This IAJ resource is more of a talk-show than a handbook. A talk-show of diverse voices speaking to each other, sharing stories and possibilities. Who is the audience? Anyone, young or old, who loves children‟s radio, and wants to find out more about it. Turn up the volume and be inspired: by kids giving advice to other kids, and to adults; by mentors sharing their experiences of participatory learning approaches; by the sheer creative energy of children’s radio in South Africa and around the world.
As you journey through these pages, you’ll be invited to talk back. To relate new ideas to your own reality; and to explore what your community radio station can do to nurture children’s rights and children’s voices. There are signposts, too, guiding you to other sources of inspiration on the internet and elsewhere.
The intention behind this toolkit is to assist young people to be more critical consumers and producers of media as well as to stimulate an interest in media as a field of study. It is envisioned that through this initiative a platform will be set to develop media literacy skills which can be used across the curriculum, thereby contributing to the upliftment of educational standards and promotion of a culture of reading. The promotion of a reading culture amongst South Africans will extend the pool of creativity and communication skills in the country. The toolkit aims to open opportunities for youth to become media entrepreneurs and contribute to the development and diversity of media.
Understanding climate governance issues in Africa will help reporters to put a human face to their stories while addressing the often complex and technical issues surrounding the governance of climate change on the continent in the context of market mechanisms, policy mainstreaming, climate finance and gender. Reporters should also look out for the complexity in terms of costs and benefits, agendas and the multitude of grey areas and smokescreens when covering the subject. Such an approach will help to take the stories beyond the UNFCCC Conference of Parties negotiation events and look more closely and frequently at it as an ongoing process seeking climate justic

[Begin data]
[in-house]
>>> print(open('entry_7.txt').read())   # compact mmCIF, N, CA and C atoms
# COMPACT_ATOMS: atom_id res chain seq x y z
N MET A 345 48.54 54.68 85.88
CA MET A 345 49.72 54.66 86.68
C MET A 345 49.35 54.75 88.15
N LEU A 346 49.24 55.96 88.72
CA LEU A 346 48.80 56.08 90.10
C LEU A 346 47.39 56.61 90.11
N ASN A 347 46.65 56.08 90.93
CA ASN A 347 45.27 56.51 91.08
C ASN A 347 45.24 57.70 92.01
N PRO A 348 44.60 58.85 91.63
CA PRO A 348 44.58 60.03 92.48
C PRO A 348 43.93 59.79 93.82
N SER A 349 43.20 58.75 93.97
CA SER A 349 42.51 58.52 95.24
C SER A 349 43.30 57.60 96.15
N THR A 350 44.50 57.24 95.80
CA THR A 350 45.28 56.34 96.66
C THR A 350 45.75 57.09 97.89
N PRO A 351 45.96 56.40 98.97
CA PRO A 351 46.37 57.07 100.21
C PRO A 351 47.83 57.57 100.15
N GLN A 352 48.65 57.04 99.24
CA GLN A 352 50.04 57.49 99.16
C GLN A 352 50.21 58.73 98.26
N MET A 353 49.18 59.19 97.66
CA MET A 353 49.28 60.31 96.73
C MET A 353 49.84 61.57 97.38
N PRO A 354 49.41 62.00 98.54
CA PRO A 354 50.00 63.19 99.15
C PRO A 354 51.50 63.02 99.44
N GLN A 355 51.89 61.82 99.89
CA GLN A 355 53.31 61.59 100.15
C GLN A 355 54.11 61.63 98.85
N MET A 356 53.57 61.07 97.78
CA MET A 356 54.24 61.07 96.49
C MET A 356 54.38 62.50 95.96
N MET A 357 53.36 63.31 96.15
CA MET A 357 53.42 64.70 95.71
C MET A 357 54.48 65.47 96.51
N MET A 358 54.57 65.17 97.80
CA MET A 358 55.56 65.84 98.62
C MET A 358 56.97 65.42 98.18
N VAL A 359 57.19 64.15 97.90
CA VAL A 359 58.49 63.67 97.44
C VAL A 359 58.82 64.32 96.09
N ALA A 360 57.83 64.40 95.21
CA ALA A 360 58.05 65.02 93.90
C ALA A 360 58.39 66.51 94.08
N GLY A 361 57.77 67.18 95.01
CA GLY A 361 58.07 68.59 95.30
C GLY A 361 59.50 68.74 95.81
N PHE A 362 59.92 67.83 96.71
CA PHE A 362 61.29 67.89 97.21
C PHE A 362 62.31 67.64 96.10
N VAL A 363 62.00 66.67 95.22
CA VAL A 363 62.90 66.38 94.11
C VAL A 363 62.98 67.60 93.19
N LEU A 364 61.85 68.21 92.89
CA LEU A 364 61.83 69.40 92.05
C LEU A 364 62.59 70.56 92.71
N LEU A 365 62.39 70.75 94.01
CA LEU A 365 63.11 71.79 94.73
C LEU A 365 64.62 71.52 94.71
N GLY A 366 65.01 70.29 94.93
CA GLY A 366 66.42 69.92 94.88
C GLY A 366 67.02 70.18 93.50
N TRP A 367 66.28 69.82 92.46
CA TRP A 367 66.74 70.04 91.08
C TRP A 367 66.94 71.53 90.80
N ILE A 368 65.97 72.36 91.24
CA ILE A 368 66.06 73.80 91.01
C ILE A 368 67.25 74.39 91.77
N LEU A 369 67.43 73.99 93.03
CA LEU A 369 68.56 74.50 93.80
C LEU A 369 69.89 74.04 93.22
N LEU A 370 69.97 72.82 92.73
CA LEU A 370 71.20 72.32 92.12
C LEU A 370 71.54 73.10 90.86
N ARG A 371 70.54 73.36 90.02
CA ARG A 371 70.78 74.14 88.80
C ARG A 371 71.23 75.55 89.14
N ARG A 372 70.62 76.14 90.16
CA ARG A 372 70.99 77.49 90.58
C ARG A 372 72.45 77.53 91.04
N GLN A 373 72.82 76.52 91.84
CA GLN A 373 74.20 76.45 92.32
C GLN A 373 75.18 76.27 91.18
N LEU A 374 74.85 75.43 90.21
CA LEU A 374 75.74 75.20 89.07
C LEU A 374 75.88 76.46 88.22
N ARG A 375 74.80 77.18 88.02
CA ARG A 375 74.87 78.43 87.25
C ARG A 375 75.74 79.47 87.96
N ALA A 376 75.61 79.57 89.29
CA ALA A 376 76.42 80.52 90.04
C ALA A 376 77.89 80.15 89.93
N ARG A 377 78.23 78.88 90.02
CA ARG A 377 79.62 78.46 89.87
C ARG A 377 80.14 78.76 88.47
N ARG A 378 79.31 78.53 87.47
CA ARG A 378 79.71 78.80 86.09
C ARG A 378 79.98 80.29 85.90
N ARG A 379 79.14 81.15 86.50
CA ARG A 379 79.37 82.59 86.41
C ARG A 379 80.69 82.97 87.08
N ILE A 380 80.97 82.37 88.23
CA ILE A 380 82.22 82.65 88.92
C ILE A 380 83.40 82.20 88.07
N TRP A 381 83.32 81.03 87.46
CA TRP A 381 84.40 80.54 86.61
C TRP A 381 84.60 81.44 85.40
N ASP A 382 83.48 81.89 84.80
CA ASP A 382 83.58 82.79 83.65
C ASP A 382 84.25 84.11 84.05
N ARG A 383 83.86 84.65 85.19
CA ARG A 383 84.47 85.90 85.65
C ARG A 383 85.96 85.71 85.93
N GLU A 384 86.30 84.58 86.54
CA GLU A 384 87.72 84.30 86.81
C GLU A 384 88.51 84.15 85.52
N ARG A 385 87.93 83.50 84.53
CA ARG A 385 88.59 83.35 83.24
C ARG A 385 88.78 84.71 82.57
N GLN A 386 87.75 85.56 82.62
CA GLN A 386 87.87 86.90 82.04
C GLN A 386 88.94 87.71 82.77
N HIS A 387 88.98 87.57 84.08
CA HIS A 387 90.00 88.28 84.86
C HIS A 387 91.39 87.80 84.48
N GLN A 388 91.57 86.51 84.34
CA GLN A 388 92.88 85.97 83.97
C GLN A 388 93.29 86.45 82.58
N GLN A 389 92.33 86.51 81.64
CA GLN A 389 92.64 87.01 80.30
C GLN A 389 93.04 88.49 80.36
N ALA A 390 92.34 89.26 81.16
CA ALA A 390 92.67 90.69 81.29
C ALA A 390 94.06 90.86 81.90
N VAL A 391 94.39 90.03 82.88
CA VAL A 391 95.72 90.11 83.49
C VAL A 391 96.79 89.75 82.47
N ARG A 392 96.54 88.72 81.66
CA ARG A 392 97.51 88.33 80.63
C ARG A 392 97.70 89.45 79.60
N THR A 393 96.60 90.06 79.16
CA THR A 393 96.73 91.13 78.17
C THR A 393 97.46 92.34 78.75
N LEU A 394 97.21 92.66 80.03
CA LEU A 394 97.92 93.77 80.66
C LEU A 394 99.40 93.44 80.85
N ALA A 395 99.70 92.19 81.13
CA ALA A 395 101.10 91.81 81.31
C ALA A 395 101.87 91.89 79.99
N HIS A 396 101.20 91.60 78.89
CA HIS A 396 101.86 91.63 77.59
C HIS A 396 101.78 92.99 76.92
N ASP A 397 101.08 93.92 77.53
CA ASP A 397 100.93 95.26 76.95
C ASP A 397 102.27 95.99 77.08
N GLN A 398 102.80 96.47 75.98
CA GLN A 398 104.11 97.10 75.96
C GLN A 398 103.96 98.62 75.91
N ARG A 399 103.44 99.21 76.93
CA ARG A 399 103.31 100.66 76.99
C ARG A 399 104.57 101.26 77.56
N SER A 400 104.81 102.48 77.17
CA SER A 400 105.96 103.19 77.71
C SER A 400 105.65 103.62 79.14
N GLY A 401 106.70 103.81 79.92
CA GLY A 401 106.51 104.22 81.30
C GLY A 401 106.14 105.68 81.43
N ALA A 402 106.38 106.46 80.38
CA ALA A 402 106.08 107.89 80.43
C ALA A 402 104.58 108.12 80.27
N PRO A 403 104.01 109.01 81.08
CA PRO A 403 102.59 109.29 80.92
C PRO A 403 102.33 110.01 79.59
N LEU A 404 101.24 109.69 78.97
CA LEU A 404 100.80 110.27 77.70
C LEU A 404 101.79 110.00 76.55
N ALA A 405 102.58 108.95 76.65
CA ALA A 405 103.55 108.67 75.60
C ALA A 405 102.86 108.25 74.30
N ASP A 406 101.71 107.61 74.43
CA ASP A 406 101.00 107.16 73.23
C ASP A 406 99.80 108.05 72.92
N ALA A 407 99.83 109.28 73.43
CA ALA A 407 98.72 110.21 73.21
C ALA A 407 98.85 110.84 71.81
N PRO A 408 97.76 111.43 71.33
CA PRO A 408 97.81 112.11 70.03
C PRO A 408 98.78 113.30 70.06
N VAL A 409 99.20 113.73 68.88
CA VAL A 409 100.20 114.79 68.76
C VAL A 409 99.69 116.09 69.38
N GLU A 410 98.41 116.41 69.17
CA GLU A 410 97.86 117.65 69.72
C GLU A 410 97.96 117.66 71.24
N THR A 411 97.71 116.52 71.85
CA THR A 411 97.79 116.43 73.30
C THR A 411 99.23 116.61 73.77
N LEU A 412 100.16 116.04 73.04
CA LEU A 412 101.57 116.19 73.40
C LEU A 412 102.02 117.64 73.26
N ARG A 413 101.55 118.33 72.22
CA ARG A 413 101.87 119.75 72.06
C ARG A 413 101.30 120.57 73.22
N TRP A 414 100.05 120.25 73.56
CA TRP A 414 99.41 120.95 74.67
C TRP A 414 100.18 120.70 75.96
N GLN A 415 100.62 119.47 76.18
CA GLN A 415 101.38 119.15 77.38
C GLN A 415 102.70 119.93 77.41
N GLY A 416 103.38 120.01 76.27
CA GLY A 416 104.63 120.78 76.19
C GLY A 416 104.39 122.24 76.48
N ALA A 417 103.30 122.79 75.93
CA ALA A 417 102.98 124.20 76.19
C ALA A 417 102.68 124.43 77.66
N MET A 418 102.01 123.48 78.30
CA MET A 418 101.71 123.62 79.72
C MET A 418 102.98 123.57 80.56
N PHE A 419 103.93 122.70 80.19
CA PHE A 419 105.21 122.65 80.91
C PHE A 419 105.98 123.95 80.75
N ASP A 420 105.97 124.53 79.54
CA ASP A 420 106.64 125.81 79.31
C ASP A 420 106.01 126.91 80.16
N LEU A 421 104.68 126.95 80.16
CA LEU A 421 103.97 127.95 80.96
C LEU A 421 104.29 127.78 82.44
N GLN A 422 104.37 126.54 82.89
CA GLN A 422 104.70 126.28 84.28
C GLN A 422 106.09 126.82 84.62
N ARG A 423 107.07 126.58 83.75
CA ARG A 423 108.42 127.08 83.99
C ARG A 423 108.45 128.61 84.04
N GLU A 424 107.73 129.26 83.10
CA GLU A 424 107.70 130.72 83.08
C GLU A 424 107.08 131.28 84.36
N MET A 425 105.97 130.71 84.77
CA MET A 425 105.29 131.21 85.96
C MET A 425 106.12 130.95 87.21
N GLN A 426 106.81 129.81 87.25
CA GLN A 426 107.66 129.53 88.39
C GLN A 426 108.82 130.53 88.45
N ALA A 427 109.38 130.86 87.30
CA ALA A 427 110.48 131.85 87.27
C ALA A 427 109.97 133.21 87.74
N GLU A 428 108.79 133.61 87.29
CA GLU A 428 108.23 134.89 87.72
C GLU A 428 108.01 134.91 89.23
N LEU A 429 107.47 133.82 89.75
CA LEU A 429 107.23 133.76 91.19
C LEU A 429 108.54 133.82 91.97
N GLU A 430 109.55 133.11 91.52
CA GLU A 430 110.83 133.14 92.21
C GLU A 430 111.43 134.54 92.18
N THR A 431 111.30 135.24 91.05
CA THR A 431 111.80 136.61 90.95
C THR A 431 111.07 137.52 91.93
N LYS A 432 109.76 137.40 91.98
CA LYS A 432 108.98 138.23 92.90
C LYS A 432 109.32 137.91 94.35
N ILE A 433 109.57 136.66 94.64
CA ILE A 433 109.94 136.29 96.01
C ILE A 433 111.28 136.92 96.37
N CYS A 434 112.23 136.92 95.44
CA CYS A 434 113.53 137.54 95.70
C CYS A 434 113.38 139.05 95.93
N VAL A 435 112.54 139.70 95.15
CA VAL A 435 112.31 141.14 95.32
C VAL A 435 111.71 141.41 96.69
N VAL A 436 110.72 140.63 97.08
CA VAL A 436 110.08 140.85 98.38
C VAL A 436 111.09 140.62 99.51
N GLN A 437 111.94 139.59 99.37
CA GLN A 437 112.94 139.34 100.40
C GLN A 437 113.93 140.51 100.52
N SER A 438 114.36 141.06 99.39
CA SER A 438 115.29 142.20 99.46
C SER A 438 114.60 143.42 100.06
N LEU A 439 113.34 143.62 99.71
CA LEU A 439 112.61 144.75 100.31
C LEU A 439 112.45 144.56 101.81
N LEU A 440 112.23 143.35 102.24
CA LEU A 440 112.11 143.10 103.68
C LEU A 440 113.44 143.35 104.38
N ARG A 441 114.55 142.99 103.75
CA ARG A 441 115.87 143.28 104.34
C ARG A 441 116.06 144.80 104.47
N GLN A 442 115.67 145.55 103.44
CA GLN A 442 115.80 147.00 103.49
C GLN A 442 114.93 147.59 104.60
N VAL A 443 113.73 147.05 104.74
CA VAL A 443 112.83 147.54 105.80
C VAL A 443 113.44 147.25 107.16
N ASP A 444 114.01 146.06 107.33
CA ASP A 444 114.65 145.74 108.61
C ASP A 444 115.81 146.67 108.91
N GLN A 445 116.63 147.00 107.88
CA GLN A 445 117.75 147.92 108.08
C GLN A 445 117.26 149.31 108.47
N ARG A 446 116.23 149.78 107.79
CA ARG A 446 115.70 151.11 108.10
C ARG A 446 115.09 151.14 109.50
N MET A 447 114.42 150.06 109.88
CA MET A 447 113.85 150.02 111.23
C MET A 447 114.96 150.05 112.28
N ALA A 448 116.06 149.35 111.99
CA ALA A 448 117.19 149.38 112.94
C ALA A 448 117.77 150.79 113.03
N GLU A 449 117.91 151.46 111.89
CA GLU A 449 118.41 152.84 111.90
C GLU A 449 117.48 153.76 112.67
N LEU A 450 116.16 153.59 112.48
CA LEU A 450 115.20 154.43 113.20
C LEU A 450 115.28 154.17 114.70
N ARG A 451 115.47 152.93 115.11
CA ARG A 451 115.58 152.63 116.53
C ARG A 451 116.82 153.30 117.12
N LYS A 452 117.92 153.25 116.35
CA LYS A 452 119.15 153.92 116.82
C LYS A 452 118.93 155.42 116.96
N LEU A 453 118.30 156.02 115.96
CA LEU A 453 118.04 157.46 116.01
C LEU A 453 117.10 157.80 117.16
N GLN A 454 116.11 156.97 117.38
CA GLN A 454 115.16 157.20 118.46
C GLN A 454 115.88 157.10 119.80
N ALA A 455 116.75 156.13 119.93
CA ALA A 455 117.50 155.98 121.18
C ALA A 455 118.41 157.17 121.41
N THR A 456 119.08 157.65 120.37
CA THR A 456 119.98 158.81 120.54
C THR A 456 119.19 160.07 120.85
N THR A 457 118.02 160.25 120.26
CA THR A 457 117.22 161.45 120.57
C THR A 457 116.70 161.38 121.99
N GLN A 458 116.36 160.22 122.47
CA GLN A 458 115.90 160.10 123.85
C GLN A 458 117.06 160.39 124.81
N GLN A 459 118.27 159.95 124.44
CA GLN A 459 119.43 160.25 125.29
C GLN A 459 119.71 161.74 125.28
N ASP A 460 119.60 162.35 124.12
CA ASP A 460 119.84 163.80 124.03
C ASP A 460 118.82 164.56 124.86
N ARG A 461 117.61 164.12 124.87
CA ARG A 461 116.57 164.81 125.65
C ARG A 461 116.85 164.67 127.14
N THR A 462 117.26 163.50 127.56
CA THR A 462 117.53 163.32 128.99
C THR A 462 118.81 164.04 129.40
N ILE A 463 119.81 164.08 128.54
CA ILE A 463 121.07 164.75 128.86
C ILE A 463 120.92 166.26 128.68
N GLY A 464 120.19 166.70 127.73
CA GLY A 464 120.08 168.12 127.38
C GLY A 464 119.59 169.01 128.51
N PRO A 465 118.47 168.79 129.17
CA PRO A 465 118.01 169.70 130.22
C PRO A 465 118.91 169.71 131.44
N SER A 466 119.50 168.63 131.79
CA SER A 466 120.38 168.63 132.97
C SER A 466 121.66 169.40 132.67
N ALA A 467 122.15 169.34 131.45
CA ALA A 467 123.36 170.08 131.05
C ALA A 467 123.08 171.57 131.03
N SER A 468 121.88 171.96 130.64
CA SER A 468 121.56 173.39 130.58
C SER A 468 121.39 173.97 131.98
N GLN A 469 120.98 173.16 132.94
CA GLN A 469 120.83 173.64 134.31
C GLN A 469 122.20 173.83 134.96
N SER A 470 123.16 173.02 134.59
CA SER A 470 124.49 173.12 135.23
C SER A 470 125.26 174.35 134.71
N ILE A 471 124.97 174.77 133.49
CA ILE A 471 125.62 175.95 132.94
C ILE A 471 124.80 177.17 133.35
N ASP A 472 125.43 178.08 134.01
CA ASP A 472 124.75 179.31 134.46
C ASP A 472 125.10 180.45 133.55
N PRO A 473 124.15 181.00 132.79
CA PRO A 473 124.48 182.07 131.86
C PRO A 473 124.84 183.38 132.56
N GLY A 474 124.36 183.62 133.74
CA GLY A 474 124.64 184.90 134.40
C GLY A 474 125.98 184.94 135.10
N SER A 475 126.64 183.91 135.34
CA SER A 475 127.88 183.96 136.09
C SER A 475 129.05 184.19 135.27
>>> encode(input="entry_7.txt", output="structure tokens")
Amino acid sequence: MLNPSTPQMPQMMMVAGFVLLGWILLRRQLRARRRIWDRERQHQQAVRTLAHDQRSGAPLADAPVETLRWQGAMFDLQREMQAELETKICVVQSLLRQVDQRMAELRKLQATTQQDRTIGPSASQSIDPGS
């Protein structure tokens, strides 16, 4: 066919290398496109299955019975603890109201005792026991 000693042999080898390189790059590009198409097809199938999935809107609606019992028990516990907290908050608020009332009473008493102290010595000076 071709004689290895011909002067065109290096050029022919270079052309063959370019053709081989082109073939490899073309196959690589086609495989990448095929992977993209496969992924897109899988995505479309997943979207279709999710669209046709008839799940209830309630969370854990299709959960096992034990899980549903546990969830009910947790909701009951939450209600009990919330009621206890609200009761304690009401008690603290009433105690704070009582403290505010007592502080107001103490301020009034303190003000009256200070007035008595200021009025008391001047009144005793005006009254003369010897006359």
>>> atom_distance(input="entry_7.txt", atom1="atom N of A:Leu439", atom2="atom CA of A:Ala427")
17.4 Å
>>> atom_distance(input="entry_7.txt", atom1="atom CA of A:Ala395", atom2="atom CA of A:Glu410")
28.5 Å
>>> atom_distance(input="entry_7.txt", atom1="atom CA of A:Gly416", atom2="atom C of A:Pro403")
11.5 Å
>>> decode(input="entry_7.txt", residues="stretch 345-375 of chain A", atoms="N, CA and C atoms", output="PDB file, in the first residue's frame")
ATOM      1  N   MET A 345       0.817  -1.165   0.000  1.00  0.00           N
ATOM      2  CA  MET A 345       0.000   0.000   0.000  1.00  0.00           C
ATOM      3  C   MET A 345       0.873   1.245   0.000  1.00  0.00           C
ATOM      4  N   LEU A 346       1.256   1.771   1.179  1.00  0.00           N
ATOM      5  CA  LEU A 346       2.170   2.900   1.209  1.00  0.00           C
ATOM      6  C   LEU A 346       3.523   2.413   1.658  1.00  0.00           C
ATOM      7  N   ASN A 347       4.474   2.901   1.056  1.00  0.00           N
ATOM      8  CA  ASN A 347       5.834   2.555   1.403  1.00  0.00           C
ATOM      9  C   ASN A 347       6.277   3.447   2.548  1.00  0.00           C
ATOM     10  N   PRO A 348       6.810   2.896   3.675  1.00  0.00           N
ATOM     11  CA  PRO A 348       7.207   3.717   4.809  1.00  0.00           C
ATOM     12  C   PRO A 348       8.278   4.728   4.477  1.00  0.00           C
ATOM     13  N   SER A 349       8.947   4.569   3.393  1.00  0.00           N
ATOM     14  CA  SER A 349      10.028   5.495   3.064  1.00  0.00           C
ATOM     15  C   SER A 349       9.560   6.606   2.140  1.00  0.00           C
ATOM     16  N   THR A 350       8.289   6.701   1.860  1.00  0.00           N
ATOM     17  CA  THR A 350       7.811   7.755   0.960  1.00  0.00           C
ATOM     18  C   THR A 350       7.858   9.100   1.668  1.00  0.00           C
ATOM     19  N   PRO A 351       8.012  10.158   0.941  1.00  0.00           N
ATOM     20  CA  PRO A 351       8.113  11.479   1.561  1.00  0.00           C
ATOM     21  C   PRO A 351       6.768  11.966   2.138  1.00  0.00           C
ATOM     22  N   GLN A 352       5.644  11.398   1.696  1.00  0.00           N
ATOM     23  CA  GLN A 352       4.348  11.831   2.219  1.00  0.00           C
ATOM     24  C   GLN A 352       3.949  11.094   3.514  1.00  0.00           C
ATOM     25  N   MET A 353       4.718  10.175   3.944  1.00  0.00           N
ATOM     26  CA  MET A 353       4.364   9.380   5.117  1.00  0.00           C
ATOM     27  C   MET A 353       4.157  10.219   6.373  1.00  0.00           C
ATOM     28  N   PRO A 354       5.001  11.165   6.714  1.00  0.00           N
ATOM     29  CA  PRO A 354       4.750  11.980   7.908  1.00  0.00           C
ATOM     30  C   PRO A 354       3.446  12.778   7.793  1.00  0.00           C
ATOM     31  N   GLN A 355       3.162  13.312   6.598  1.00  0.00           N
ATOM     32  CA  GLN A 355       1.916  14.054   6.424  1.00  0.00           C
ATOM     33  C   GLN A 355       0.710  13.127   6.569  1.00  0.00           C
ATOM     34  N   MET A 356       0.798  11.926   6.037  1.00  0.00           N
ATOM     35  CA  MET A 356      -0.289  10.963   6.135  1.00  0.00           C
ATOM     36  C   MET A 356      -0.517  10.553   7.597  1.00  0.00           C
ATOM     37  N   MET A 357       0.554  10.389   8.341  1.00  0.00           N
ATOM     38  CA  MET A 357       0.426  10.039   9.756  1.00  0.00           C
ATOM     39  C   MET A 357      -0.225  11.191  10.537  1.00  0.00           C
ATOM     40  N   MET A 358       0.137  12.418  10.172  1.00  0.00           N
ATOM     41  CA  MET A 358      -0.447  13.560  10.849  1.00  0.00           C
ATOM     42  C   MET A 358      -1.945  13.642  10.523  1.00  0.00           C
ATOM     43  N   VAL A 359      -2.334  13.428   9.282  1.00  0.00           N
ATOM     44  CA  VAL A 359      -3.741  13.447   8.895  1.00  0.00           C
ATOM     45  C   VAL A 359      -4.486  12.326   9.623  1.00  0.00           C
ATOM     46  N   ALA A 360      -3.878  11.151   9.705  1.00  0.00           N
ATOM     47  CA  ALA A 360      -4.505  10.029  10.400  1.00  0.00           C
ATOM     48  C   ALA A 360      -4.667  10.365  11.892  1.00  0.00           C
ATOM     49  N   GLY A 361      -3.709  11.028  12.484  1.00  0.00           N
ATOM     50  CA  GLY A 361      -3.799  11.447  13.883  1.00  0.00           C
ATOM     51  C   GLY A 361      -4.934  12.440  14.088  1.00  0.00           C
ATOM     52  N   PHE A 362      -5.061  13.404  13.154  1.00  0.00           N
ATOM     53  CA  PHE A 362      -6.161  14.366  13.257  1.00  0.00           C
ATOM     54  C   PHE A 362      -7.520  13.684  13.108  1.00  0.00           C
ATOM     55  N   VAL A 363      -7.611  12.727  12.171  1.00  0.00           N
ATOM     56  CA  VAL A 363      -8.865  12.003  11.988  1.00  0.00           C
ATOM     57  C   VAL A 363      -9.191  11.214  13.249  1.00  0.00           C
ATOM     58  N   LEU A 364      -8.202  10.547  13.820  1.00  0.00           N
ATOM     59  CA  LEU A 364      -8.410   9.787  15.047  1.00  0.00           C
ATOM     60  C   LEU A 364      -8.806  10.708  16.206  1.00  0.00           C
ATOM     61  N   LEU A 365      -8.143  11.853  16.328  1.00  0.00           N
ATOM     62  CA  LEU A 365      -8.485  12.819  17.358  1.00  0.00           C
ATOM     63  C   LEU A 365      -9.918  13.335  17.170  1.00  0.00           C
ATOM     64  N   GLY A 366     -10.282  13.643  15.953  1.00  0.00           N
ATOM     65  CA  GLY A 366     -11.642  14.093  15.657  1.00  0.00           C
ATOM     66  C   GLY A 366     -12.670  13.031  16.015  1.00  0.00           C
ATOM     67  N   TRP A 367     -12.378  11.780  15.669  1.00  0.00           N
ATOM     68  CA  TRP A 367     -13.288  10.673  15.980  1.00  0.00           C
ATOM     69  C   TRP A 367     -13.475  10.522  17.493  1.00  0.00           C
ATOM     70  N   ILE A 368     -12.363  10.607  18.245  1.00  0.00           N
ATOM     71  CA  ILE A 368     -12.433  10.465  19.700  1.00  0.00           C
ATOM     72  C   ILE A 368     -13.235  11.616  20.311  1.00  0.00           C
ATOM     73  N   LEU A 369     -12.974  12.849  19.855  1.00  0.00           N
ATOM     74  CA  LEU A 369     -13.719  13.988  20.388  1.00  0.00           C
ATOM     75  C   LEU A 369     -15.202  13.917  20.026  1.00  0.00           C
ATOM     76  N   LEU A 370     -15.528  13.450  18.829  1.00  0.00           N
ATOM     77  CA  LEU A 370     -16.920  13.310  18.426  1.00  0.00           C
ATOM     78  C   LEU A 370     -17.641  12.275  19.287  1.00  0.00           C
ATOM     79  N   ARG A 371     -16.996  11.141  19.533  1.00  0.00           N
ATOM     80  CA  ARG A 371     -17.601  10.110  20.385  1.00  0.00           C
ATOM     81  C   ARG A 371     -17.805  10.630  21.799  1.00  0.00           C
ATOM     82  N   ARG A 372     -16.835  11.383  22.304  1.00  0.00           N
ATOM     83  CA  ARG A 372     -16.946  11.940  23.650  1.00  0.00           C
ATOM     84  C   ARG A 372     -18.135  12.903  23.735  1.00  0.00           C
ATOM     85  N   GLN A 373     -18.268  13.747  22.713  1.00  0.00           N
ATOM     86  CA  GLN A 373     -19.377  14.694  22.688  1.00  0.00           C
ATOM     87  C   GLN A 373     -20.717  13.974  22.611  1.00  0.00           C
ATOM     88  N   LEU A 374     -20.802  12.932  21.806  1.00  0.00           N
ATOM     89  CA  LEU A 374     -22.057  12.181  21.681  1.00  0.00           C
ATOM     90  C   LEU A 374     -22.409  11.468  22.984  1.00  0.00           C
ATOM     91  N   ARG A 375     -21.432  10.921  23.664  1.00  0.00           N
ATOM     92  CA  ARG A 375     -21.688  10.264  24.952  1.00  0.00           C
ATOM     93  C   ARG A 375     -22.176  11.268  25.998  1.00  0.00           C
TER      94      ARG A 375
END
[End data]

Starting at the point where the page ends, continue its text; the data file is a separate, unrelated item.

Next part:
Climate change poses a clear danger to lives and livelihoods across Africa. African journalists have critical roles to play in explaining the cause and effects of climate change, in describing what countries and communities can do to adapt to the impacts ahead, and in reporting on what governments and companies do, or do not do, to respond to these threats. Yet research on public understanding of climate change – such as the BBC Media Action’s Africa Talks Climate project – and surveys of journalists reveal that across Africa the media can and should do more to tell the story of climate change. UNESCO produced this book to help fill this important gap.
Pen an paper may have a good feel to it, but more and more stories require journalists to use databases to write up their stories, track leads and analyse data. This guide shows you exactly how to use databases in both researching and writing stories. This guide, written by Graeme Addison, science journalist and one of IAJ’s data trainers is clear, simple and easy to use.